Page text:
30 march 2012
It is part of the global initiative to improve public health. It has openings in fields ranging from sociology to statistics to medicine. However, the young lot in india is still unfamiliar with the vast and vital field of epidemiology that deals with the study of epidemics. MAULIK CHANDARANA sheds some light on the need for professionals in this field
From tuberculosis,malaria,polio to the less–publicised Chikungunya and Leishmaniasis,diseases continue to inflict humankind.As the world battles 'arch enemies' like AIDS and cancers, newer foes like SARS, anthrax,West Nile, avian influenza, etc. have been raising their ugly heads (some being deadly bio–terrorism tools!).Even chronic ailments related to heart,metabolism,etc,and behavioural,neurological and psychological disorders are major health issues that concern all nations, whether developed or developing. In response, action needs to be taken. But here, the health of populations at large is in question,and thus,service of 'individual–centric' doctors is limited.It calls for an elite band of 'populationcentric'professionals called epidemiologists.
Epidemiology is widely recognised as a diagnostic and management tool of public health . Earlier it was just the 'study of epidemics' but current–day health scenarios have broadened the definition and scope in epidemiology. The draft outline of the World Health Report 2006 of World Health Organization (WHO) mentions epidemiology as an important field that will be responsible for shaping the future of health work.The Paucity, Need And Importance
Dr Fawad Khan, from United Kingdom, is an epidemiologist and an orthopedic surgeon, in Middle East division of the World Health Organization (WHO). He laments, "Epidemiologists are scarce world over. And most people do not know what they do. Secondly, people do not understand the concept of public health . There should be awareness that in medical field there are not only physicians or surgeons but also public health workers which include epidemiologists."
Trends, actions and events (like lifestyle, economic and cultural status, foreign aid to a nation, wars, natural disasters, etc) constantly affect the health of a population. It is imperative, thus, that some surveillance is in place which can identify these factors and see to it that action can be taken as and when called for. That is the role of epidemiologists. The WHO report cites the significance of epidemiologists in control and prevention of diseases during the tsunami outbreak in Thailand, and also their role in surveillance of SARS in China, Hong Kong (China), Philippines and Vietnam.The Seven Uses of Epidemiology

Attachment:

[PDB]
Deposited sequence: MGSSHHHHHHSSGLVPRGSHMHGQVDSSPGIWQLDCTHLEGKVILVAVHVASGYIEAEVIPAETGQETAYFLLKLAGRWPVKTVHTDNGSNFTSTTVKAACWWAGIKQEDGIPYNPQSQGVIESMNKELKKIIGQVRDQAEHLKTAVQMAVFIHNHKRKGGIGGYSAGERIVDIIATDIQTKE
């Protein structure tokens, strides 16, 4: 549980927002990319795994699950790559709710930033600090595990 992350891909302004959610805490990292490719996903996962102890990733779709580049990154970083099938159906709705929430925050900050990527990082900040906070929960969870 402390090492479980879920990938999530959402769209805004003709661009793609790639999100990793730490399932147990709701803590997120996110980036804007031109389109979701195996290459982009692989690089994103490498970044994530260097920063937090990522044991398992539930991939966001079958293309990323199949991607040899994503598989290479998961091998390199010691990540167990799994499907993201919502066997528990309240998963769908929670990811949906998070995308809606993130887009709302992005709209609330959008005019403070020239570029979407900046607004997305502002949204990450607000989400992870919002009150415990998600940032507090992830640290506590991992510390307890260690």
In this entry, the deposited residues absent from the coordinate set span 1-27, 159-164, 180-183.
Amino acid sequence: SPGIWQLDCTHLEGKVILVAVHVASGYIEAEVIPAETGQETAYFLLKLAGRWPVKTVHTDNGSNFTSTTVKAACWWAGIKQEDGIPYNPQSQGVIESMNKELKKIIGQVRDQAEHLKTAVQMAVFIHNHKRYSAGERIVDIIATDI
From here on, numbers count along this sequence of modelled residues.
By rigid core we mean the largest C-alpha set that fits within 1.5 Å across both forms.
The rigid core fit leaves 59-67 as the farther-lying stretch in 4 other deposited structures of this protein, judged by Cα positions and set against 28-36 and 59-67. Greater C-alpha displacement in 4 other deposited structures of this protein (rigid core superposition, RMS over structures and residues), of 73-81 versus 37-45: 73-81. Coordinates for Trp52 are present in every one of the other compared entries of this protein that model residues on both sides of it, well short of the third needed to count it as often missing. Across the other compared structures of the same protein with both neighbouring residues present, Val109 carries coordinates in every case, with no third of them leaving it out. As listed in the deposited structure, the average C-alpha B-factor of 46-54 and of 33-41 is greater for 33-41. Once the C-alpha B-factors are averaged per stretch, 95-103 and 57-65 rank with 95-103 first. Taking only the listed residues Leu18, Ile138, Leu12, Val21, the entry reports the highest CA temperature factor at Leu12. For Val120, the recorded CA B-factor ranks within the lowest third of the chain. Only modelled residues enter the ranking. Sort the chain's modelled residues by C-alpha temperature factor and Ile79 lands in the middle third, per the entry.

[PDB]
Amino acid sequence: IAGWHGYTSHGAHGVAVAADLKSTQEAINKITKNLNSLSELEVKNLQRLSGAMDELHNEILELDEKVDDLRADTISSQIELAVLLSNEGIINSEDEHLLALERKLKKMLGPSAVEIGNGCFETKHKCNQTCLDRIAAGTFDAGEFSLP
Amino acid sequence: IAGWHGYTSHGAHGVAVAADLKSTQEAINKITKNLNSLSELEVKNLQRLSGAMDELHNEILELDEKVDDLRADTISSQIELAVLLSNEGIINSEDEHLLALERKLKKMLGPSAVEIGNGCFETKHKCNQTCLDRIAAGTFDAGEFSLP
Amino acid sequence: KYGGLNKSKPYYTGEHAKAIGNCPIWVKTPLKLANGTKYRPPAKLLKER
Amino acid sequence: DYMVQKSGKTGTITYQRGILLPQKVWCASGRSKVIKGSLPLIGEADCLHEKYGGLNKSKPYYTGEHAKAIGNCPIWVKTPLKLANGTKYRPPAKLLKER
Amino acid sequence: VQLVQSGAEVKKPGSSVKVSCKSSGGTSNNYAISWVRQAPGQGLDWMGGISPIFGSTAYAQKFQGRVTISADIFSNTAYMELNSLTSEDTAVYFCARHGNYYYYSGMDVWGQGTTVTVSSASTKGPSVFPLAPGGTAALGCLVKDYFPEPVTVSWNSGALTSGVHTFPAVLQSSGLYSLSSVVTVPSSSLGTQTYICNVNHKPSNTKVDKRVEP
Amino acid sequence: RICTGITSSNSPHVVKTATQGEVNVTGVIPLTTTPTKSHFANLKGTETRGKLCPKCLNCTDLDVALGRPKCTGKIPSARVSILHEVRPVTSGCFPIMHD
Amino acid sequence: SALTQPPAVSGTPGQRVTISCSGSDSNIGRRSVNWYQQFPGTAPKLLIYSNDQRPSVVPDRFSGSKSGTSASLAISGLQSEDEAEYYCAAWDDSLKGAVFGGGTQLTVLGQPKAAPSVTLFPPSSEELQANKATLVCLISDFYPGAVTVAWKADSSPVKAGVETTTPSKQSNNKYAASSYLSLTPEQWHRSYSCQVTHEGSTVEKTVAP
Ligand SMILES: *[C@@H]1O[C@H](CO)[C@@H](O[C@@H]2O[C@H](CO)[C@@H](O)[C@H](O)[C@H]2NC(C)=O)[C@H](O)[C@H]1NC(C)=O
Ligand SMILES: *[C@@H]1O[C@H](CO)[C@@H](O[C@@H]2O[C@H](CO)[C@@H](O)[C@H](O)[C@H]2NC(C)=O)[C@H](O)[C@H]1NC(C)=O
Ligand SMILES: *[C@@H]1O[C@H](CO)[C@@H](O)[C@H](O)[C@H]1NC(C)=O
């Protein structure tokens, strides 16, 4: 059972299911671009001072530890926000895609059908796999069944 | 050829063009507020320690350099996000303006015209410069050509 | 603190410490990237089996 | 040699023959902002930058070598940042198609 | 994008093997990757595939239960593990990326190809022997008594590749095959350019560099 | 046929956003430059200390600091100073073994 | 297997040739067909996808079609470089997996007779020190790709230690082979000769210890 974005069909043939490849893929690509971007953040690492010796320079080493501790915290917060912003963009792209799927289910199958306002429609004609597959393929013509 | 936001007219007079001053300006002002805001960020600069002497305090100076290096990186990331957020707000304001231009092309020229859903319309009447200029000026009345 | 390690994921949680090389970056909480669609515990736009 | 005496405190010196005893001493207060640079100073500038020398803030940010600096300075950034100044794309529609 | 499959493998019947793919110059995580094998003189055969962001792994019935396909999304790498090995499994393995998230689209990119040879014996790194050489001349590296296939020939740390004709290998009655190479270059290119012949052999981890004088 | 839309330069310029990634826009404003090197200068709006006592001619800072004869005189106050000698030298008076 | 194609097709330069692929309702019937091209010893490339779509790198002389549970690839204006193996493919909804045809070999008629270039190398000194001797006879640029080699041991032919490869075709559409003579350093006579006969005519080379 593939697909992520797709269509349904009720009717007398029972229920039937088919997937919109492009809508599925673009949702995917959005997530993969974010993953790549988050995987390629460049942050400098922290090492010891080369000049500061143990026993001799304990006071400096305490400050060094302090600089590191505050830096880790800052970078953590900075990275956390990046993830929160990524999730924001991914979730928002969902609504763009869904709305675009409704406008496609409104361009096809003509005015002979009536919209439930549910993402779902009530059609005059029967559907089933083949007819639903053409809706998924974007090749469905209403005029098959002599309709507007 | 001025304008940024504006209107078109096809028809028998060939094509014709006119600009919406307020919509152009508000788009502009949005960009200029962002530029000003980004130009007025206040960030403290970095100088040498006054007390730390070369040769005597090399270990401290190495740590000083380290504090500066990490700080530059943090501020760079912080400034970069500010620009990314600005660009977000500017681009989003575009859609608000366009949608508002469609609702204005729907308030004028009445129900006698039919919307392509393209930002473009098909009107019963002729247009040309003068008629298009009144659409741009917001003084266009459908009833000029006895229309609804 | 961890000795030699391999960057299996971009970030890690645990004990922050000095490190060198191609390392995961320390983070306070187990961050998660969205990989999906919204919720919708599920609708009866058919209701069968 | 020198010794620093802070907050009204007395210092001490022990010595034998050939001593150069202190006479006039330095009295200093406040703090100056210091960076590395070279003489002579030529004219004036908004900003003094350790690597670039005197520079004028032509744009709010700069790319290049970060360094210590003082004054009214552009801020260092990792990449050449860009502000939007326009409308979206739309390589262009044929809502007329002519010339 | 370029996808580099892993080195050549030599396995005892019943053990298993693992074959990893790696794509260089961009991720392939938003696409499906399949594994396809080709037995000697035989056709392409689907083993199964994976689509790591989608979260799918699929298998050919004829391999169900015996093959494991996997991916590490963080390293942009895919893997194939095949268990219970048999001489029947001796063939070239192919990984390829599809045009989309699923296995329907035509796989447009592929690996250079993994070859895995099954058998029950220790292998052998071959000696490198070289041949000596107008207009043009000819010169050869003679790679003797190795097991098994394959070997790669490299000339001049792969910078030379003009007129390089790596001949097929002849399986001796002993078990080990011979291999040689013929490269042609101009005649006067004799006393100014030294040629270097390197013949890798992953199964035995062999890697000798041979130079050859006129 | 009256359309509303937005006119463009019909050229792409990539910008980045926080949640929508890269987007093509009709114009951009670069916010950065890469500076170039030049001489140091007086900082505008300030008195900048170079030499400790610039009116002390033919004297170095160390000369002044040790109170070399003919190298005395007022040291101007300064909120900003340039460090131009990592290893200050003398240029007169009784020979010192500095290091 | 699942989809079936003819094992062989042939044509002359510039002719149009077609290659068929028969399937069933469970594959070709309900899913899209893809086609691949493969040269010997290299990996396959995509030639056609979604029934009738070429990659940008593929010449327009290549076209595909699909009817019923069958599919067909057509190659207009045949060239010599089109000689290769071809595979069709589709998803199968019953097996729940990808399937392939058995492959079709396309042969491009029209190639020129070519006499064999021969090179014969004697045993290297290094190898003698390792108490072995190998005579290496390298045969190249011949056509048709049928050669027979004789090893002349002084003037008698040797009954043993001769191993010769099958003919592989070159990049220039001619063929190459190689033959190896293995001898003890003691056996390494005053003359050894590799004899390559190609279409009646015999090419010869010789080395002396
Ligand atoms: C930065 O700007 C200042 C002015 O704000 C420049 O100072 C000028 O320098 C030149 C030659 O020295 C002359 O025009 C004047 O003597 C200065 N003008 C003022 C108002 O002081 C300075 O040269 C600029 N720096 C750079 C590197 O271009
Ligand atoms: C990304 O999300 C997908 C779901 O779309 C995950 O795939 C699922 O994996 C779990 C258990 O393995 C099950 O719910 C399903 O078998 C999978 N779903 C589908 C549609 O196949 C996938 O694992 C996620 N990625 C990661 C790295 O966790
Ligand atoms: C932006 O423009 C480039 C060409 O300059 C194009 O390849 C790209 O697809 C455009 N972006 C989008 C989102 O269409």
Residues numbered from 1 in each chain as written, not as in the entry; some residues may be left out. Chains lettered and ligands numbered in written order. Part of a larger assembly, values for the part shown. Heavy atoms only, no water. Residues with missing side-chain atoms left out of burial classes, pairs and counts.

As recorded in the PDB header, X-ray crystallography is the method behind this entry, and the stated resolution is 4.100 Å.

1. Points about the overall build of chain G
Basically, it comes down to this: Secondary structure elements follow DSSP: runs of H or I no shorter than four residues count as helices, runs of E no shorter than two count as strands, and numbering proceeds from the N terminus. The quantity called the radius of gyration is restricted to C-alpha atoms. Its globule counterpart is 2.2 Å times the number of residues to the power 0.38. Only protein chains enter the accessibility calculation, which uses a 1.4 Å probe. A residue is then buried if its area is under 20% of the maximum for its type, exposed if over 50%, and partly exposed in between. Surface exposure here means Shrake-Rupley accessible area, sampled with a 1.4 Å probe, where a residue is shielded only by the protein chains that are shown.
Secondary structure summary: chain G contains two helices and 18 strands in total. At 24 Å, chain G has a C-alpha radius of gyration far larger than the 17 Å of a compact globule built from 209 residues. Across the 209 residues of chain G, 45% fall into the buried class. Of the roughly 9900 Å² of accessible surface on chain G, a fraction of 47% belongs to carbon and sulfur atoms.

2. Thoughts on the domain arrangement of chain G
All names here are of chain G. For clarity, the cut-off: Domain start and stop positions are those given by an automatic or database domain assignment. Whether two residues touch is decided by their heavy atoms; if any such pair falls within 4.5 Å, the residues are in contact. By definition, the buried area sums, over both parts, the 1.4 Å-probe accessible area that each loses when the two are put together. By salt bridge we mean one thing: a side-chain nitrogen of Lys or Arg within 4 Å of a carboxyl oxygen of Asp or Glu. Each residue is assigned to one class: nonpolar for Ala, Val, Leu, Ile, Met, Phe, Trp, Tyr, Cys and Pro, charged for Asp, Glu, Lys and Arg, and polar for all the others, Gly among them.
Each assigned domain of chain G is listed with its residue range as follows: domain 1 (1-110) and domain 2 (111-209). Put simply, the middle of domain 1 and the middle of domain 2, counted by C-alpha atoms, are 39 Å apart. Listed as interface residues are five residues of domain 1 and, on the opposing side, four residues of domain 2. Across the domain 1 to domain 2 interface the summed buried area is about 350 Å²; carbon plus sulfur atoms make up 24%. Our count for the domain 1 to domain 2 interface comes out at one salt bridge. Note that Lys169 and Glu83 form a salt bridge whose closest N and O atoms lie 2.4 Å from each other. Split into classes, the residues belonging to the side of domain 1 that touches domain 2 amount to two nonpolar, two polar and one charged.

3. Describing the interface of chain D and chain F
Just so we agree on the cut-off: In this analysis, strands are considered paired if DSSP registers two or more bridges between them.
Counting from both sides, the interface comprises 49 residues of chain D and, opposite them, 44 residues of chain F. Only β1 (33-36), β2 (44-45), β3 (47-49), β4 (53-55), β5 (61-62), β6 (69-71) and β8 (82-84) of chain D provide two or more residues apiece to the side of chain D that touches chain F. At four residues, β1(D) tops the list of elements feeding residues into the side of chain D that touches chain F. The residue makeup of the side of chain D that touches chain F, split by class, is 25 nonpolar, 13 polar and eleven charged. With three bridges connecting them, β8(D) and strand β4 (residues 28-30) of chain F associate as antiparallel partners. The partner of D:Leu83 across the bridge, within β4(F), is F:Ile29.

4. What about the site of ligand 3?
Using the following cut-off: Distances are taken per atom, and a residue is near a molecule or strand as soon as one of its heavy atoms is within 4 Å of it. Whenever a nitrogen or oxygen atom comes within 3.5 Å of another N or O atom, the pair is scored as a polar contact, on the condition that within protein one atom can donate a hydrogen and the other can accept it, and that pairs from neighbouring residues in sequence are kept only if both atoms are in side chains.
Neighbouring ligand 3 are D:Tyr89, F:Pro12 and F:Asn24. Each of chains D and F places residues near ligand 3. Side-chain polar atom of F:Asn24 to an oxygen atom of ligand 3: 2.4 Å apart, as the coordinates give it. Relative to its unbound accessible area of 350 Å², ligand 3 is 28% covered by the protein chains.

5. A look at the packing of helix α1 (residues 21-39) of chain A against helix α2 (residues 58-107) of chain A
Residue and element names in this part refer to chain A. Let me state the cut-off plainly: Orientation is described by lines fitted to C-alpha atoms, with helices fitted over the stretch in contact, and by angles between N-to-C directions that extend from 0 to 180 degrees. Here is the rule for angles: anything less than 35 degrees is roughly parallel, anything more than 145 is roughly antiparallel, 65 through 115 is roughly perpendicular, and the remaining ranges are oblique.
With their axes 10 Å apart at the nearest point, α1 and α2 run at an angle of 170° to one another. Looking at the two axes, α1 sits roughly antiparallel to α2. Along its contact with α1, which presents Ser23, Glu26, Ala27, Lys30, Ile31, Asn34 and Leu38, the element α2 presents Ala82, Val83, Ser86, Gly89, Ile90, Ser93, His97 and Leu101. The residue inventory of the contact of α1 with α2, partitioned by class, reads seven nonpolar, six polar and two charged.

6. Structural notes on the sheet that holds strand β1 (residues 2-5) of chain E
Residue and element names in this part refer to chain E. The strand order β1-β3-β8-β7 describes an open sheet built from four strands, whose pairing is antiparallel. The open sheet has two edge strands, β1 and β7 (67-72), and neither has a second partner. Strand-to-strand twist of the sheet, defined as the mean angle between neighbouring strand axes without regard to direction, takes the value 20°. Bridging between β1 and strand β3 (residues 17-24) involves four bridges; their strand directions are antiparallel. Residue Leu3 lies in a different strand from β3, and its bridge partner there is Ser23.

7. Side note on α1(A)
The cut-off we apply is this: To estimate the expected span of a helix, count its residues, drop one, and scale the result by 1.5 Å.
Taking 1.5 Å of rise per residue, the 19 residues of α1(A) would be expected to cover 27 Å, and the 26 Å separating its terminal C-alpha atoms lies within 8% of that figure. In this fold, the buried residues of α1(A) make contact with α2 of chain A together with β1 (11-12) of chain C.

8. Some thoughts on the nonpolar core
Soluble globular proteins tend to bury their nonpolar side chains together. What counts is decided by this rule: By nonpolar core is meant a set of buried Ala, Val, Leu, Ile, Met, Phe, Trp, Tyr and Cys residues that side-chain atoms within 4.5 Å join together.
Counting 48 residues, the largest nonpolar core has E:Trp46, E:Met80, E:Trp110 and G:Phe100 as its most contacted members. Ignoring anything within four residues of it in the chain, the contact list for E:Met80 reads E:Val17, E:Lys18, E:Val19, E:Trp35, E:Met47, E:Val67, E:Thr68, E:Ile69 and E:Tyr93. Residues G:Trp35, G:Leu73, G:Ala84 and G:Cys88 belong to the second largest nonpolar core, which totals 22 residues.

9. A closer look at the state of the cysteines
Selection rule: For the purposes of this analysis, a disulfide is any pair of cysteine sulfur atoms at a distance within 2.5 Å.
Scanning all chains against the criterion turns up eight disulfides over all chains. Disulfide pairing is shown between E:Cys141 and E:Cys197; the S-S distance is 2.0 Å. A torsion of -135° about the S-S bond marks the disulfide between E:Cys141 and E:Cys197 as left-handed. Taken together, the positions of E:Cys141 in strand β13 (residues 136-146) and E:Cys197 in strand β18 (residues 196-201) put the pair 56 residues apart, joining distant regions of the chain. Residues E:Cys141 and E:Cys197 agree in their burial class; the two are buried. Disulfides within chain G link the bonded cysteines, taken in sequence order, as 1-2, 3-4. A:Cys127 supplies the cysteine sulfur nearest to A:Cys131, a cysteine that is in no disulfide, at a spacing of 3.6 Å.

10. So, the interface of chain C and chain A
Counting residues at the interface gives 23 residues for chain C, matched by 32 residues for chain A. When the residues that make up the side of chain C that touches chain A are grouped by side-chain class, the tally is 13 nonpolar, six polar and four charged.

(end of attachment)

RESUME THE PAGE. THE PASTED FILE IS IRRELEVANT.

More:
1. Historical study: The rise and fall of diseases
2.Community diagnosis, community health : Burdens of disease, surveys
3. Workings of health services: Need, demand and supply, quality of care
4. Individual chances and risks: Prediction, risk scoring
5. Identifying syndromes: Clustering of symptoms and signs
6. Completing the clinical picture: Icebergs of disease, normal and abnormal
7. Search for causes: Secular and geographic variation, individual susceptibility, multifactorial causation
The west is relatively diseasefree due to work of epidemiologists. Shailee Tanna, a Canadian medical student, informs,"In Canada, aside from research, resources and money have been invested in studying and developing prevention and control programs for diseases such as the West Nile disease and the SARS. Due to this, SARS has been effectively controlled since after the epidemic in 2003, and so has the West Nile virus."
We also need to understand that epidemiological research has profound influence on 'routine' clinical practice of doctors. It gives validation for treatments or practices, and helps conceptualise new ones.Focus India
In India, there is a shortage of field trained epidemiologists in the public health system. It is estimated that the country requires minimum of 1000 trained epidemiologists (one per district). Shruti Priya, faculty at Institute of Science, Mumbai, observes,"In India, epidemiology is still in a developing stage and needs lots of efforts to get ahead."
However, the demand for trained epidemiologists is increasing with the Integrated Disease Surveillance Project being implemented in the country.Scope And Training
Dr Manoj Murhekar, deputy director, National Institute of Epidemiology (NIE) states, "Undergraduate medical students are taught a little about epidemiology. Very few courses in the country teach it exclusively. Most MBBS graduates who want to pursue epidemiology, do MD in Preventive and Social Medicine or Community Medicine. Career options are aplenty in research, or in state/central public health sectors and NGO's." Internationally, one can could try for organisations like WHO and UNICEF, or health centres and research universities.